Gophers blow birth to Big Tens

Tim Klobuchar

The final out of the Gophers’ 17-8 win against Northwestern on Sunday had been recorded, giving Minnesota three wins in the four-game series. As their teammates emptied from the dugout to the field, Gophers seniors Bob Keeney and Eric Welter converged between their second base and first base positions and embraced.
Anyone who looked at the Big Ten standings before the series began might have predicted that the Gophers would be hugging in rejoice — a Minnesota sweep would’ve put the Gophers in the Big Ten postseason tournament.
But anyone who looked at a schedule could also see that Sunday’s game was Minnesota’s last game at Siebert Field this season and the final regular season game of the year. Then, because of the Gophers’ loss to the Wildcats on Friday night, Sunday quickly transformed into the last Gophers game of any kind this year.
The hug that Welter and Keeney shared became not one of celebration but of ceremony — the last time the teammates, roommates and catch-playing partners would ever walk on a baseball field for the Gophers.
Friday’s 7-5 defeat was the final blow to Minnesota’s tournament hopes, one of many close losses that ultimately doomed the Gophers’ chances of making the tourney, which normally had hardly been given a passing thought. This is the second straight year they’ve missed the tournament but only the third time in John Anderson’s 16 years as head coach.
The only good that came out of the loss was that it allowed the Gophers to savor the final moments of the season and, in the case of the 11 Minnesota seniors, their careers.
“There’s a lot of emotions you go through,” Welter said. “It started with disappointment when we lost Friday. But you try to soak it up these last few days. It’s nice to go out on a win. That’s a good feeling.”
The win gave Minnesota (30-24 overall, 15-10 in the Big Ten, fifth place), its 14th straight 30-victory season. Northwestern finished ninth at 19-35, 9-19.
Anderson worked all 11 seniors into Sunday’s game, except for pitcher Ted Zrust, who pitched in two other games in the series. Pitcher Tony Felling appeared not on the mound, but at the plate. He pinch-hit in the eighth and got an infield single.
It was the last of a season-high 26 hits for the Gophers, who got four each from Keeney, fellow senior Bryan Guse and sophomore Robb Quinlan. Keeney also drove in five runs.
Senior left-hander Mike Diebolt broke the 24-year-old Gophers record for strikeouts in a season, which was held by future Hall of Famer Dave Winfield. Diebolt struck out his fifth batter of the game, and 110th of the year, in the eighth inning.
Immediately after the milestone whiff, Diebolt gave way to senior righty Justin Pederson, who shut down the Wildcats in the last inning and two-thirds.
Their performances Sunday allowed Diebolt and Pederson to remember fondly their final appearances as Gophers. Had they never pitched after Friday, that wouldn’t have been the case.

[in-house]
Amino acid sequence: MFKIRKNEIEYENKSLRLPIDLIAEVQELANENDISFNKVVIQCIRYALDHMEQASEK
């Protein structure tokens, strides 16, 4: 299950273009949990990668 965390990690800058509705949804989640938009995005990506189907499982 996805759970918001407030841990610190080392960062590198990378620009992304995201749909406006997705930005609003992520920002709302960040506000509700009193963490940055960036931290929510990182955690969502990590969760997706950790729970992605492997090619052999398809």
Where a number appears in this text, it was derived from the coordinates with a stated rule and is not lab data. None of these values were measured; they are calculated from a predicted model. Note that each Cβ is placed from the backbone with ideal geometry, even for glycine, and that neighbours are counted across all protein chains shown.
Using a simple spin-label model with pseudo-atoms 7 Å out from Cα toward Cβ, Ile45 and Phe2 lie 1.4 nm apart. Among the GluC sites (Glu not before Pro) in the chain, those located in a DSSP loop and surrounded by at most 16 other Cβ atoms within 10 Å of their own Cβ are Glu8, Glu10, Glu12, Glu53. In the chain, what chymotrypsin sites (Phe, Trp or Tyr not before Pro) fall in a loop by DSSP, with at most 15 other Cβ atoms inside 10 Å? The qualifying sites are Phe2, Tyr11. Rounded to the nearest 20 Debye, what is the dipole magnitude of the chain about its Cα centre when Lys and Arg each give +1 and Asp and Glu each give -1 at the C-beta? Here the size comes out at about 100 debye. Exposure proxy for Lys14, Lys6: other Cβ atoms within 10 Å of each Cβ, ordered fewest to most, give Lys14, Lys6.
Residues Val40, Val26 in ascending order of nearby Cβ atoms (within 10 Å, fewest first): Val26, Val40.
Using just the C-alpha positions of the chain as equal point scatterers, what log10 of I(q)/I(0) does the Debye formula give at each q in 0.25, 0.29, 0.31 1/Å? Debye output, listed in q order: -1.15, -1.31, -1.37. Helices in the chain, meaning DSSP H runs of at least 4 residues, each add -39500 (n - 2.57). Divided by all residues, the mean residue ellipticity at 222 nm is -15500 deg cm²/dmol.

Pederson gave up five runs and four walks in just three and two-thirds innings before being lifted with Minnesota trailing 5-2 in Friday’s game. It was the last of a series of disappointing starts for the Chippewa Falls, Wis., native this year. After a solid first three years, Pederson slumped to a 4-6 record this season, with a 6.22 earned run average.
“He told me (after the game), ‘I choked.’ Those were his words,” Anderson said.
Zrust came on and shut out Northwestern for four innings, while the Gophers closed the gap to 5-4. Diebolt relieved Zrust in the eighth and retired the first two batters in the ninth before walking Brian Baron. Next up was Patrick Thompson, a freshman who had homered earlier in the game.
Thompson, who had one home run on the season coming into the game, crushed a mammoth home run to dead center field 435 feet away, increasing the lead to 7-4.
The Gophers rallied in their half of the ninth for one run, but John Seaman struck out Quinlan to end the game. The loss dropped Minnesota’s record in games decided by one or two runs to 7-13.
“That game mirrored our season,” Anderson said. “They got timely hits, and we didn’t, and we couldn’t throw strikes (eight walks in the game). We have six one-run losses. That’s our whole season.”
Minnesota still had an outside shot to make the tournament despite the loss. Michigan, which beat Ohio State on Friday, had to win the last three games of the series, and the Gophers had to win their last three. But in the top of the first inning of the first game of a doubleheader Saturday, the word came that Michigan had lost.
The Gophers then went out and did what they had struggled to do all year. With their elimination official, they won two one-run games, 6-5 and 4-3.
“It’s tough,” Guse said after the doubleheader sweep Saturday. “We lost three games because of weather, and the things we could control, we didn’t. We had enough talent, but we lost six one-run games. (Friday) night’s game wasn’t the one that kept us out of the tournament.”

NU 000 034 010 — 8 9 2
Gophers 410 513 03x — 17 26 4
NU — Koplove, Padgett (4), Seaman (6), Dodd (8) and Franzese; UM — Diebolt, Pederson (8) and Guse. W — Diebolt, 7-4. L — Koplove, 2-6. HRs — NU, DiMaggio (3); UM, Keeney (7). T — 2:55. A — 561.

Gophers hitting stats (4 games)
Stein 18 5 3 1
Welter 16 4 9 2
Quinlan 18 6 8 5
Selander 12 3 4 2
Guse 13 5 8 2
Keeney 18 3 9 7
McDermott 10 3 4 4
Scanlon 11 0 2 2
Devore 13 1 2 1
Groebner 3 2 2 2
Griffin 3 0 1 1
Beers 2 0 1 0
Felling 1 0 1 0
Totals 138 32 54 29